Walapane covered with many tea plantations. Majority of tea plantation in Nuwara Eliya district located in Walapane Jurisdiction. World famous authentic Udapussellawa Tea and Mathurata Plantation are key highlights. There are also many other smaller tea plantations dominating the region and pure Ceylon black tea market with unique aromatic blend.
Earlier years Walapane was the heart of Wathumulla Plantation, there was a tea factory right in the heart of Walapane town. However, due to declined production tea factory closed down and remaining of the estate aquired to Mahauva estate. There are so many tea plantations covered like a blanket top of the mountains. Scattered Tea factories decorate the tea plantation blanket. Tea produce from Walapane falls into high grown tea. They have brisk full flavours and bright golden colour. In Sri Lanka tea can be plucked throughout the year. This is an advantage naturally gifted from the geographical location.
Tea production in Sri Lanka
Tea production in Sri Lanka, formerly Ceylon, is of high importance to the Sri Lankan economy and the world market. The country is the world’s fourth largest producer of tea and the industry is one of the country’s main sources of foreign exchange and a significant source of income for laborers, with tea accounting for 15% of the GDP, generating roughly $700 million annually. In 1995 Sri Lanka was the world’s leading exporter of tea, (rather than producer) with 23% of the total world export, but it has since been surpassed by Kenya. The tea sector employs, directly or indirectly over 1 million people in Sri Lanka, and in 1995 directly employed 215,338 on tea plantations and estates. The central highlands of the country, low temperature climate throughout the year, annual rainfall and the level of humidity are more favorable geographical factors for production in high quality tea. The industry was introduced to the country in 1867 by James Taylor, the British planter who arrived in 1852.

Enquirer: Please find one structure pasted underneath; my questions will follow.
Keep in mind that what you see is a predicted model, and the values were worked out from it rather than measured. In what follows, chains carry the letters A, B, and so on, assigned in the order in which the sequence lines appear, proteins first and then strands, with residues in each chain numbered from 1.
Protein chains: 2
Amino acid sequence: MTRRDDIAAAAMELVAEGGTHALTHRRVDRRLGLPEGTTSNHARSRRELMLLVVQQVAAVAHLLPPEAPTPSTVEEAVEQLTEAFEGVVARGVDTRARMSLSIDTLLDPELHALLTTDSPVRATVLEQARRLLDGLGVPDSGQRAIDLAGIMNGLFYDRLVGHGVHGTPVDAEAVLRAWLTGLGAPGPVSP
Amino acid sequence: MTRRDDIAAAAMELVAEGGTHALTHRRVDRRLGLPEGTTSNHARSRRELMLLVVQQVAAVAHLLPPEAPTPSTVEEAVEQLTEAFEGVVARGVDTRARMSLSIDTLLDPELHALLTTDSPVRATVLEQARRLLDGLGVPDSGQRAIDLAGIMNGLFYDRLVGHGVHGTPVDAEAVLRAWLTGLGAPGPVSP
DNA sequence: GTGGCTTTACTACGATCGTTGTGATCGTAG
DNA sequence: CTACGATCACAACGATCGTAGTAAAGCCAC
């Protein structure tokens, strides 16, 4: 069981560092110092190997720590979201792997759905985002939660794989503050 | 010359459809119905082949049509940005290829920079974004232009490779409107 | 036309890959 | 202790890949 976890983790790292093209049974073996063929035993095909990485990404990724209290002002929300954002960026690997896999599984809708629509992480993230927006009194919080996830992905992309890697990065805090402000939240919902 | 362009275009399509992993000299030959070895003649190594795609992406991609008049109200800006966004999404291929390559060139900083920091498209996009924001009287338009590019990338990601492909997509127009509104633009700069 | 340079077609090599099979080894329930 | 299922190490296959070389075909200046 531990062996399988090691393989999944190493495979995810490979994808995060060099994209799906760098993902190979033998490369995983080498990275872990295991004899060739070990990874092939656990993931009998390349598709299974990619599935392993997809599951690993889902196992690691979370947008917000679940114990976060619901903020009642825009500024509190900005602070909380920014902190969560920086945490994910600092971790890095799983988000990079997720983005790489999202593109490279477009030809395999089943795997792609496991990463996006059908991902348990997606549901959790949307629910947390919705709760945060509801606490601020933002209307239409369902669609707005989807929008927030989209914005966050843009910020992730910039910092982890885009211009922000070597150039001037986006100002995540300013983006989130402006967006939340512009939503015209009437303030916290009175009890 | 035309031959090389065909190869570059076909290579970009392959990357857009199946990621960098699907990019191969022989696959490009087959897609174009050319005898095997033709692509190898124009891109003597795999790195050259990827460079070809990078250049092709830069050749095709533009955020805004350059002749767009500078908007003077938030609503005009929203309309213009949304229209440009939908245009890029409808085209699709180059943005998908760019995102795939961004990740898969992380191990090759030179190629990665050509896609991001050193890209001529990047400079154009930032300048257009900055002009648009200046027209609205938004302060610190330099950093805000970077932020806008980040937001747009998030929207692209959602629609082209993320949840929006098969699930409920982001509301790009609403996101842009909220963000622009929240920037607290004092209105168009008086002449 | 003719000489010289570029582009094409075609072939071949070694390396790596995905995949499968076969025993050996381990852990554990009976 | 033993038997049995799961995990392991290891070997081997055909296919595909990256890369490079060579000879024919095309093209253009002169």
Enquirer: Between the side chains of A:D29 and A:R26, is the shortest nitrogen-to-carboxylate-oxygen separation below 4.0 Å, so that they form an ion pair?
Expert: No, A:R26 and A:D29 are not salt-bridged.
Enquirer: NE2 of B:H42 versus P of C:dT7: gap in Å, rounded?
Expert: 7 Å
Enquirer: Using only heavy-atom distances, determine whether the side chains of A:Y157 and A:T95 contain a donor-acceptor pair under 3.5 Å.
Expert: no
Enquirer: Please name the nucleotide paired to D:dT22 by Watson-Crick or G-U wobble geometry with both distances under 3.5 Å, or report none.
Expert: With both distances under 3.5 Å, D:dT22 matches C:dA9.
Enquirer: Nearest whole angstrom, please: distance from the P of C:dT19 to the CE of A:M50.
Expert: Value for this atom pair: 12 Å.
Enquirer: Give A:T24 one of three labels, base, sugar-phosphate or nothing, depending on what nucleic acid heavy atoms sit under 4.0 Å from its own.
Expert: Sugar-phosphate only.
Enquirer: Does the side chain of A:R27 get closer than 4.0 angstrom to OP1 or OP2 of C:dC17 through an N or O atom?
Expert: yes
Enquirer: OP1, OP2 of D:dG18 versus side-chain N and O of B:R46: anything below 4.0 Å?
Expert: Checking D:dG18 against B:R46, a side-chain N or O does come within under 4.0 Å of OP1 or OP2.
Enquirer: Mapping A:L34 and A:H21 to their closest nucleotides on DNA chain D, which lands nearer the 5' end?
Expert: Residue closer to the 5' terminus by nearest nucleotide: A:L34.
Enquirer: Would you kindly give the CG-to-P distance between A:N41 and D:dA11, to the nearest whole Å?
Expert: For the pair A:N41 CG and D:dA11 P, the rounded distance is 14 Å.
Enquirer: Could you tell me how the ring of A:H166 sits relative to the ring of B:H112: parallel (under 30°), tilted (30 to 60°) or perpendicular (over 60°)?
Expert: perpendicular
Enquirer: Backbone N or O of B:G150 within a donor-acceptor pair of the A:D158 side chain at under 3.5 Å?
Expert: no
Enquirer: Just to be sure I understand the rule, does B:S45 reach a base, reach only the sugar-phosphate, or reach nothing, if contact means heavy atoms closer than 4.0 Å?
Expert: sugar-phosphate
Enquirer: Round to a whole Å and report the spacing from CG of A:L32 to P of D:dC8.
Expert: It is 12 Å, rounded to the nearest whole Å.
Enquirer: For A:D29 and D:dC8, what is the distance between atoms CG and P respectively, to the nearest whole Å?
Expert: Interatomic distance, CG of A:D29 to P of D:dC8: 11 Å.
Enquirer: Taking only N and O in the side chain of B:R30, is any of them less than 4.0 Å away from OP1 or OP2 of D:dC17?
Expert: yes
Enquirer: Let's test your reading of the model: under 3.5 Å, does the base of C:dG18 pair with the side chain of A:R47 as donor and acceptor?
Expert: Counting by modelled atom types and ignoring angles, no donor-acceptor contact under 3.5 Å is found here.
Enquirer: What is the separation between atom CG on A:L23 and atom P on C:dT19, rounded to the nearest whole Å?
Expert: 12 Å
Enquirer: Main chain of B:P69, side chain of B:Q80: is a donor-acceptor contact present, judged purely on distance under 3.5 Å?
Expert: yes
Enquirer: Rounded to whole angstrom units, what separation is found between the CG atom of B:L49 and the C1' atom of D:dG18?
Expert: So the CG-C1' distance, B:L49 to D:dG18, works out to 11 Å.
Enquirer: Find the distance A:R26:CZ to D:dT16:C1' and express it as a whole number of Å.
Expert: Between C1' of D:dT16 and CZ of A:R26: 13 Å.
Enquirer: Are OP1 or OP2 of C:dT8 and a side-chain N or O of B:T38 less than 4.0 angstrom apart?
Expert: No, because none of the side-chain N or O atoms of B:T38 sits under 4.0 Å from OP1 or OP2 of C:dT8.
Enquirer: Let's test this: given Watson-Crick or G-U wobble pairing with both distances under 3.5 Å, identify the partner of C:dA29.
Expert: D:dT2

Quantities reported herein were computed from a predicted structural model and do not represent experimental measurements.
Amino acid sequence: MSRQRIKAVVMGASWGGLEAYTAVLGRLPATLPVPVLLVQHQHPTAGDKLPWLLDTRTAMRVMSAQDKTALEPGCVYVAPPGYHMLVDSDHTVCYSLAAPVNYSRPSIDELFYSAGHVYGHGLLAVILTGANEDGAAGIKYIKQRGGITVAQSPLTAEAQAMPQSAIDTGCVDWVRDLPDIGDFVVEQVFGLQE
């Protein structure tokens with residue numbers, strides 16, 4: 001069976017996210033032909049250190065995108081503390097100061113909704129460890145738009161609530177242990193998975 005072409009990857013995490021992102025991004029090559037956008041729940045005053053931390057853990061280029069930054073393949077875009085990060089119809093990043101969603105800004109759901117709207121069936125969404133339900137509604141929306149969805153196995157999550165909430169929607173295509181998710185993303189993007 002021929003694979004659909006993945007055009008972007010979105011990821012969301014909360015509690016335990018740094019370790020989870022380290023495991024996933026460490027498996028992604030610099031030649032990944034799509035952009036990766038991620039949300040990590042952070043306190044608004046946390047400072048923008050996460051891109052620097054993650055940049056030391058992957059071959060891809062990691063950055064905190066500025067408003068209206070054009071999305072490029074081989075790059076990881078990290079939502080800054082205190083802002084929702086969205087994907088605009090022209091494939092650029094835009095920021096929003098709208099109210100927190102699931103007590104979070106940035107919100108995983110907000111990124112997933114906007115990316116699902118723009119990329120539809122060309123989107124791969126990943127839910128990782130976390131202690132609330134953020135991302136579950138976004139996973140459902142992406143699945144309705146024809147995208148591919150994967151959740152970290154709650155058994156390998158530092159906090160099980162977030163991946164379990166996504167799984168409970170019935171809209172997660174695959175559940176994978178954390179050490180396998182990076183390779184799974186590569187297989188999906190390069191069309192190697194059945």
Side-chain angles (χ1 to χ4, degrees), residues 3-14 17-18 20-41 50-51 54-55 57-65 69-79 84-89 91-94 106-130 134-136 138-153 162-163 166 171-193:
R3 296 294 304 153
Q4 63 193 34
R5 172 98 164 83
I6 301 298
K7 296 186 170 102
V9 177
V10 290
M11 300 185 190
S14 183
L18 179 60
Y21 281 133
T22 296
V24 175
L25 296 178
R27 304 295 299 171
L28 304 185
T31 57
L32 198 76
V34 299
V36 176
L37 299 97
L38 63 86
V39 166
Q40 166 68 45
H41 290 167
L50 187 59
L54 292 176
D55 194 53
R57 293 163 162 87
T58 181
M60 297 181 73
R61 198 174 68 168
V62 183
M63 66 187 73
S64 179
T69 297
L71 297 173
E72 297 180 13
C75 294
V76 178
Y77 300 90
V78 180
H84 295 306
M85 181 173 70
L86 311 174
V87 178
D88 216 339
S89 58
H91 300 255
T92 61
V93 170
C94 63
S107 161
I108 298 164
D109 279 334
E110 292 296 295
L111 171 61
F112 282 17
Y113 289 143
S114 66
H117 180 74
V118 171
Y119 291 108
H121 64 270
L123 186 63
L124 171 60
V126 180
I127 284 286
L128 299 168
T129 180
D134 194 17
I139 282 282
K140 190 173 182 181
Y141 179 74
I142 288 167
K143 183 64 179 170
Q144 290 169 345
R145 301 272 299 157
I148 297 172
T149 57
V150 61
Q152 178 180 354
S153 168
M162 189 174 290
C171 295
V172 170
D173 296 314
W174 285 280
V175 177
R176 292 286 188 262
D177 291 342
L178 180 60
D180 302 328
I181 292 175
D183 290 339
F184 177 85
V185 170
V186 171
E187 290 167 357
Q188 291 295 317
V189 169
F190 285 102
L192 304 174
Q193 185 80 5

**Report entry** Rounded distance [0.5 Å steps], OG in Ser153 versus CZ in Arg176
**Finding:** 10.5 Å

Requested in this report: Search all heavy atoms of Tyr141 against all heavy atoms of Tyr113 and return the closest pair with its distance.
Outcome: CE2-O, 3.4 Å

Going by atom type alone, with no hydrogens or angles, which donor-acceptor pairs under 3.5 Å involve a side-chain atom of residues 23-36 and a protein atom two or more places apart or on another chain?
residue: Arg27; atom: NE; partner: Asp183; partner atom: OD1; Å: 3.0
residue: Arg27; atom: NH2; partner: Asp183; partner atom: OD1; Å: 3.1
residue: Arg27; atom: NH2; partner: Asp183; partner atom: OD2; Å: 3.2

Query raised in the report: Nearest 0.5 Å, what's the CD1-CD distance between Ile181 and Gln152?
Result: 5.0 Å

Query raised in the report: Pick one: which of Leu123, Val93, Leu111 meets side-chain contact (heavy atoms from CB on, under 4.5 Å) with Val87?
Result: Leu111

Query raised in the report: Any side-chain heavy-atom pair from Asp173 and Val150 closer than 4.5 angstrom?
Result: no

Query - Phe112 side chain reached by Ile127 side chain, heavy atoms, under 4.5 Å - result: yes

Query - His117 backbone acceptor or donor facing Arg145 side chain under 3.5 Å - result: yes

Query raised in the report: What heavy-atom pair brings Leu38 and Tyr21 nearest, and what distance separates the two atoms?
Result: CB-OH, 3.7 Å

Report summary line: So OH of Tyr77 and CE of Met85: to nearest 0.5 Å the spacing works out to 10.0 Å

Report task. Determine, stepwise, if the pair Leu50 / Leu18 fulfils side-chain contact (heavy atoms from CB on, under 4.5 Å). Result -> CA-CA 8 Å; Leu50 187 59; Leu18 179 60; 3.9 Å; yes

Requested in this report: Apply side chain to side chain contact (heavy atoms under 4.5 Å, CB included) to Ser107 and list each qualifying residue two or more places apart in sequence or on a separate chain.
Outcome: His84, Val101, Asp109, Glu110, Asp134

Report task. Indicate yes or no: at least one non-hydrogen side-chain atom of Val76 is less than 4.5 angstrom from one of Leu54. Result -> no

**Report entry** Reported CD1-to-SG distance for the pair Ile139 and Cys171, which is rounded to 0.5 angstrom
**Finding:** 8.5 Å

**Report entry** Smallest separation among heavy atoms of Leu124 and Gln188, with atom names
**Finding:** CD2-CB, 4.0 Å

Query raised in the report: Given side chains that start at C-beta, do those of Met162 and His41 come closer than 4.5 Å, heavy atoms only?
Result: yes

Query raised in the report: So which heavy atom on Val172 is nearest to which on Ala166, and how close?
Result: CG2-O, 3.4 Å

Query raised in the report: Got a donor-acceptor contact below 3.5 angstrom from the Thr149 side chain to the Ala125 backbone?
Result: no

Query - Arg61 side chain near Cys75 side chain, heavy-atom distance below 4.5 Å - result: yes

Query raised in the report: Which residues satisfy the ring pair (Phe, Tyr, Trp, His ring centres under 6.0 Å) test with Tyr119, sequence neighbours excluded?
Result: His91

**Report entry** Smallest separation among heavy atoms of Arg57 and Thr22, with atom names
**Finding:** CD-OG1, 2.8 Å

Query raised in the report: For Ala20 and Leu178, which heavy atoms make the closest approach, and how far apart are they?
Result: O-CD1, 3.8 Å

Tea produced in Sri Lanka is ranked top as the finest black tea in the world, grown and produced according to uncompromising, traditional methods and standards. Sri Lanka Tea Board is the apex administrative body of the SriLankan tea industry. It has Tea Museum showcase the history of Ceylon Tea.
Mahauva Estate is the closest tea estate to Walapane town. After Wathumulla tea estate closed remaining tea estate of Wathumulla aquired to Mahauva Estate. The factory located about 5 km towards Nuwara Eliya.
There are four estates nestled in the undulating landscape of the Piduruthalagala and Ragala mountain ranges. Concordia, Courtlodge and Park estate are located between 1,500m and 2,256m above sea level in the Piduruthalagala mountain range and produce the prestigious high grown quality “Champagne Tea”. Blairlemond estate in the Ragala mountain range is situated between 914m and 1,128 m above the mean sea level. Managed by Finlays.
Wedged between the Nuwara Eliya and Badulla districts on the eastern slopes of the hill country, Uda Pussellawa is a small, thinly populated town almost entirely dedicated to tea cultivation. It rises a height of around 2000m (6,400ft). The region is famous for rare wildlife and exotic plant species; leopard still roam its forested hills, and have even been spotted on its plantations from time to time. The Uda Pussellawa region is also close to Walapane, Maturata, Ragalaand Halgranoya plantations.
Due to its location, Uda Pussellawa enjoys climatic conditions very different from those of the western plantation regions. As with neighbouring Uva, the district receives the bulk of its weather from the northeast monsoon system, which waters the eastern slopes of the hill country between November and January. The climate is mostly wet and misty, with the Hakgala region receiving rain on an average of 211 days every year. However, the district also enjoys some ‘blow-over’ from the southwest monsoon between June and September. Having deposited their rains on the western slopes of the hill country, these monsoon winds turn desertly dry by the time they cross the central watershed.
Uda Pussellawa estates thus enjoy not one but two ‘quality seasons’, the western as well as the eastern. This is especially the case with teas from the upper part of the district, bordering Nuwara Eliya (which lies immediately to the west), though elevations in Uda Pussellawa are somewhat lower than they are in Nuwara Eliya, ranging from 950m to 1,600m (3,000-5,000ft).